Some applications have a preference for a higher core count. Workstation PCs and servers will often have the highest core requirements. Programs like video rendering, 3D modeling, and production applications work best with more cores.
Certain functions, like gaming, don’t demand a massive number of cores. Since most games are optimized to run on a maximum of four cores, you don’t need a very high core count for a gaming computer.
The clock speed or frequency at which the processor runs is also an important measure of performance. Most desktop processors will come with clock speeds between 3.0GHz and 4.0GHz. In contrast, laptop processors often have lower clock speeds to save energy and minimize heat.
A higher clock speed does not necessarily mean a faster processor. For instance, a dual-core CPU with a clock speed of 3.0GHz may not be faster than a quad-core CPU running at 2.0GHz. Since most applications can take advantage of the extra cores, the quad-core CPU will be faster for most tasks.
For applications that are optimized for single-core performance, the dual-core CPU would actually be faster. As you can see, the clock speed is not the most important factor, although it does play a part in overall performance.
For laptop users, overclocking is not a concern. On the other hand, if you are building a PC for gaming, then overclocking is an easy way to squeeze additional performance out of your CPU. By adjusting the voltages and timings in your computer’s BIOS settings, you can increase your processor’s clock speed to increase frame rates and performance in your favorite games.
If you are hoping to overclock your processor, it is important to look out for unlocked models. An unlocked processor means that you will be able to modify the base clock speed and voltage to gain an increase in performance. When overclocking your processor, you should ensure you have a decent cooling system to handle the increased temperatures.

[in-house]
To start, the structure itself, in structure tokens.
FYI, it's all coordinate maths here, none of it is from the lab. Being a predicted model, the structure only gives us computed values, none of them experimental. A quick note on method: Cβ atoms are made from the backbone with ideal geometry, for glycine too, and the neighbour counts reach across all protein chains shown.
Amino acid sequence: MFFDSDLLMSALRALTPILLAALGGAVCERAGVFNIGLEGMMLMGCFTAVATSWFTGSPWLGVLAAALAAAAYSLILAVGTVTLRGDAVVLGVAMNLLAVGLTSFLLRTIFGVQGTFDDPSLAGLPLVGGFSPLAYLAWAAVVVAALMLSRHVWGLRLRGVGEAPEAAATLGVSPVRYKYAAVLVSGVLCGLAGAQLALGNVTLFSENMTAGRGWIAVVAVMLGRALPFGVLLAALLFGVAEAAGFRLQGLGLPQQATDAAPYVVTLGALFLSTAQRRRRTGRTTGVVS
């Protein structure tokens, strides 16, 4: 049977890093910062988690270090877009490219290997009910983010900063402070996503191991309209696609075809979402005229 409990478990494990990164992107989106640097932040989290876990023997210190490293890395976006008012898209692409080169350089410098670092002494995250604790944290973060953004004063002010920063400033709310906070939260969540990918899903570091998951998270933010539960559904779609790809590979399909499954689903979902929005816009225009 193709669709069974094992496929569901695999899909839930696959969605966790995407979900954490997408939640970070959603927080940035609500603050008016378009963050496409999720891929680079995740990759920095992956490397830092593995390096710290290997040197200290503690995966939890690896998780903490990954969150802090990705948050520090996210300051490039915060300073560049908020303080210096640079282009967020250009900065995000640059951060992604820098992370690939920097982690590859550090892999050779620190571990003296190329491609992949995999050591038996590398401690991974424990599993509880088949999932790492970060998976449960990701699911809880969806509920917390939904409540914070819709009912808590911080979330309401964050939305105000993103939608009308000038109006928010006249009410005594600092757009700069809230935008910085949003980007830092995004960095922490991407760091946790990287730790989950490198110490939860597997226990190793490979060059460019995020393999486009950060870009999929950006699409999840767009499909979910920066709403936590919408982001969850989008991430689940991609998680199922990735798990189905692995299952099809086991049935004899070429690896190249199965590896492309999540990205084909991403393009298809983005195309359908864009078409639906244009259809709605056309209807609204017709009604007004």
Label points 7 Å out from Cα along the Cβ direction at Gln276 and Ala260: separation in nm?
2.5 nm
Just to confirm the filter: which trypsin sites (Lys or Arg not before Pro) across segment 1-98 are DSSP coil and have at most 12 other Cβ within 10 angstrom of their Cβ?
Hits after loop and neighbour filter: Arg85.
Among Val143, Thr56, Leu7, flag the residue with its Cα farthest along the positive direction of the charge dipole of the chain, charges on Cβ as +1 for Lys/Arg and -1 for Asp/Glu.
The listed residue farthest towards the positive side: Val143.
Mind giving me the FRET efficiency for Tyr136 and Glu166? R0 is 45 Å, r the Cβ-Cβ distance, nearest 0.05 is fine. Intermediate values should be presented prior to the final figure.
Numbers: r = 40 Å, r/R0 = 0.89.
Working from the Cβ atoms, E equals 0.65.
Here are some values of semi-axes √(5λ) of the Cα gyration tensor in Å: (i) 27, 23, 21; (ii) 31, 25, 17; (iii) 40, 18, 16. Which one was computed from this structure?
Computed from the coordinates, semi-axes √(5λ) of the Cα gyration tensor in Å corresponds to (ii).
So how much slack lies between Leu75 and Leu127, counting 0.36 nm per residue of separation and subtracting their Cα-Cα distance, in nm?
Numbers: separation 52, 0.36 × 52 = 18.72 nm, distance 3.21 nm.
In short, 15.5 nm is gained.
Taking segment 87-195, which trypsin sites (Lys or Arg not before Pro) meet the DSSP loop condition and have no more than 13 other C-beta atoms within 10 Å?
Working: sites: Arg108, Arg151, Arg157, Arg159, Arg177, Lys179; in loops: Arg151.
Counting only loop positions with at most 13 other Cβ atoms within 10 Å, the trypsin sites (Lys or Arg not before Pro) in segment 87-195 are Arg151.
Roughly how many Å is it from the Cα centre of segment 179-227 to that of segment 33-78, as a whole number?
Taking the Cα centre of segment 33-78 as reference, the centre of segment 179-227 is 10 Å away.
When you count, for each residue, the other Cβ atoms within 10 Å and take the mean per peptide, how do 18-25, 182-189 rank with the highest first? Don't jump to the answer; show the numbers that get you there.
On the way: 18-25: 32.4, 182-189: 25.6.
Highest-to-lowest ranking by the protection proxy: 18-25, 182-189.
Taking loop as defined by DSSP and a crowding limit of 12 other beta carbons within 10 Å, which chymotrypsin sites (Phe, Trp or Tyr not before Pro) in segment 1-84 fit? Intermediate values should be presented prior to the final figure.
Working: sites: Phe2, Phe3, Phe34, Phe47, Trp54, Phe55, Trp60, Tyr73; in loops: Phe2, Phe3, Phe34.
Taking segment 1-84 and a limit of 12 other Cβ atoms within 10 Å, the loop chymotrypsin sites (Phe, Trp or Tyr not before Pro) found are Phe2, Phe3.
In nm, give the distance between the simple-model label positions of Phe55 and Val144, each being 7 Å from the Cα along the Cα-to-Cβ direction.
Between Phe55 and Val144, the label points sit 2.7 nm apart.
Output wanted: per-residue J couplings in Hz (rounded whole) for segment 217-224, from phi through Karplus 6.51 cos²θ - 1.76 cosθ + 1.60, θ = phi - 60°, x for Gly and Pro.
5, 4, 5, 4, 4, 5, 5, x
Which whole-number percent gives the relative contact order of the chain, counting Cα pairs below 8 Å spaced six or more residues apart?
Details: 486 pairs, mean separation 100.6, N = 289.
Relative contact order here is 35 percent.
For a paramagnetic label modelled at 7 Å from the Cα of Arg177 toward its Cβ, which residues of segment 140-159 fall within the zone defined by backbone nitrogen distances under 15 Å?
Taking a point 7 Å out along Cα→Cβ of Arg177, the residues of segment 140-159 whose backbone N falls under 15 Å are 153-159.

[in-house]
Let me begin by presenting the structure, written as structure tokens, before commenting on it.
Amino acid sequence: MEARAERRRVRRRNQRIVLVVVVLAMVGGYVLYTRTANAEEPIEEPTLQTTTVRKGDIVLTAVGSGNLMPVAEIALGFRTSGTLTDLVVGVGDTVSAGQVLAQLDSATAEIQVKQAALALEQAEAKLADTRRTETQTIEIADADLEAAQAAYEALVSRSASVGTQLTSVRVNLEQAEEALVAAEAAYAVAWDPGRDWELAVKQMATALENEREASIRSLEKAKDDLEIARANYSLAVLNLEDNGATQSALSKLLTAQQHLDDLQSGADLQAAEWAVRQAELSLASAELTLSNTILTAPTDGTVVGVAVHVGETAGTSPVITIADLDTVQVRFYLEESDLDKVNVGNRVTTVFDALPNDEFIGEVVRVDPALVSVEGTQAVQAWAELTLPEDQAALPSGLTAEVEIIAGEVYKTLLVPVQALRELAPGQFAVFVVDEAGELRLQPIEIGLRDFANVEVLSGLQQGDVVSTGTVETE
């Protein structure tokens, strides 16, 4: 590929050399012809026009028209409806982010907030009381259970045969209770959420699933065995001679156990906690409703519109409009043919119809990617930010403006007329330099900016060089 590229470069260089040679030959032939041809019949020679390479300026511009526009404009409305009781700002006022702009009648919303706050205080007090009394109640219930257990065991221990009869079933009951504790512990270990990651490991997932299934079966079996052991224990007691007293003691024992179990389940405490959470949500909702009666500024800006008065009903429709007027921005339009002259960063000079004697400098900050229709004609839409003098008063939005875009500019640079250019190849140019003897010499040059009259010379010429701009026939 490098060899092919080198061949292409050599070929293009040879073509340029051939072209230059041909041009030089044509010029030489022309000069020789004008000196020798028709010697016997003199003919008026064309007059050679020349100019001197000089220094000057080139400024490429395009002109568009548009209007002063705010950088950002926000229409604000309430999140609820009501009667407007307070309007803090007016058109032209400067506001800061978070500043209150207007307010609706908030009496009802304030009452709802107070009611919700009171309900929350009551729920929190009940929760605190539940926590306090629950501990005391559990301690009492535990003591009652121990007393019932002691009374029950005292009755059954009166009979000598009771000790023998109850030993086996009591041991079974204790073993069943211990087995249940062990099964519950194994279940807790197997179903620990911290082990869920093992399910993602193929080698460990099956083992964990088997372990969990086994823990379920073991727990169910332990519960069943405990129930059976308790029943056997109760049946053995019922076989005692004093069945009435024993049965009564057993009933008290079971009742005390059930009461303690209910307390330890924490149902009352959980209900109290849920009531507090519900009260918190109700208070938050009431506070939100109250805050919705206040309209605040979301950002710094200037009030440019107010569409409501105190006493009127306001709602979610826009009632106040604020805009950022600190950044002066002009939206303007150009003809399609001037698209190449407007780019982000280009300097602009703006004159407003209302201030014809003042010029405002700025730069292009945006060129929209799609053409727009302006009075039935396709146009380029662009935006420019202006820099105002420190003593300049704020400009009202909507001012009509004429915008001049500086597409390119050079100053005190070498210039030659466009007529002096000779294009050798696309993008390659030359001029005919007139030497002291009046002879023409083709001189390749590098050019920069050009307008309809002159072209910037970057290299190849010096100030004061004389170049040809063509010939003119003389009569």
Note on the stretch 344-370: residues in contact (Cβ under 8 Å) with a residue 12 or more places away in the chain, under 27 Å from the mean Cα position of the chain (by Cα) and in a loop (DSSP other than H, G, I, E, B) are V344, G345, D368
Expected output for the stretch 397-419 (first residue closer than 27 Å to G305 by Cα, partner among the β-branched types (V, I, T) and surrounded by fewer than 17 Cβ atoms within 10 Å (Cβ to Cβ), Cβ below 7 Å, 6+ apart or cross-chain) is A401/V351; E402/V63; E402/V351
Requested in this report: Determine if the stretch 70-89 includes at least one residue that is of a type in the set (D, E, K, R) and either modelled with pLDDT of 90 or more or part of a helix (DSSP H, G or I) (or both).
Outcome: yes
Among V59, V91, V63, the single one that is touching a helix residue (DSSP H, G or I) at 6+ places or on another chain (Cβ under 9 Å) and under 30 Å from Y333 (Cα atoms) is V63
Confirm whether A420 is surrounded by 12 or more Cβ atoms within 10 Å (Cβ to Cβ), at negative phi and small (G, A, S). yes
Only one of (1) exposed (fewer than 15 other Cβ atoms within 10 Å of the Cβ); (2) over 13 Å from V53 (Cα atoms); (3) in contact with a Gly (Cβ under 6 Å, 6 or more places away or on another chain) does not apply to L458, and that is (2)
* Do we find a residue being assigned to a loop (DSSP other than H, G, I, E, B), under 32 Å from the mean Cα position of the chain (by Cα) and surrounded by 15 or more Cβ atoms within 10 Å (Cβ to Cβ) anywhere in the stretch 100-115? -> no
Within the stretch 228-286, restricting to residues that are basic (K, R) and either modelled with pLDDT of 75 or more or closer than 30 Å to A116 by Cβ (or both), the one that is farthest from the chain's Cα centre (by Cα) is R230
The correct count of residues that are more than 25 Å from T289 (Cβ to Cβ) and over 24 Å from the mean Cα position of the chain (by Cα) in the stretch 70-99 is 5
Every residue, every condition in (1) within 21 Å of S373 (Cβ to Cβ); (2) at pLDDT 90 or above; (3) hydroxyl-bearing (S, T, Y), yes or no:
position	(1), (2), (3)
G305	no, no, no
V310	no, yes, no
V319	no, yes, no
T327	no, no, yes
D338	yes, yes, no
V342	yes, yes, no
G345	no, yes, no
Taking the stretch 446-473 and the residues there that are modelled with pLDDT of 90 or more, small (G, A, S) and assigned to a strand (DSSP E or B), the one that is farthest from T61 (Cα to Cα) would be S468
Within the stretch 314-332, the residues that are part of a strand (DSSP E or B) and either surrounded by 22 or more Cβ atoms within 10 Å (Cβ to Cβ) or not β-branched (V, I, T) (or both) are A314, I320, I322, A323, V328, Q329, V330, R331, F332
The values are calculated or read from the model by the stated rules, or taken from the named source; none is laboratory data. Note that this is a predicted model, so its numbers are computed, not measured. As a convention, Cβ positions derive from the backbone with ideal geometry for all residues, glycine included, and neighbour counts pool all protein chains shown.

An unlocked processor can often be identified by the “K” at the end of the model name in the case of Intel CPUs or an “X” at the end of the model name for AMD CPUs.
Choosing a compatible processor is essential. If you buy a preconfigured system like a laptop or prebuilt desktop, you don’t need to worry about compatibility since the CPU will come preinstalled. However, if you are assembling a system from scratch, you’ll need to take care to select a compatible processor.
Figuring out if the CPU you want is compatible with your system is quite simple. A CPU is compatible if the processor socket type matches the socket type required by your motherboard. Another thing to keep in mind is the power requirements.
If you are building a gaming PC or workstation, the power requirements for your processor could be high. As long as you have a power supply with sufficient wattage to match your CPU, everything should go smoothly.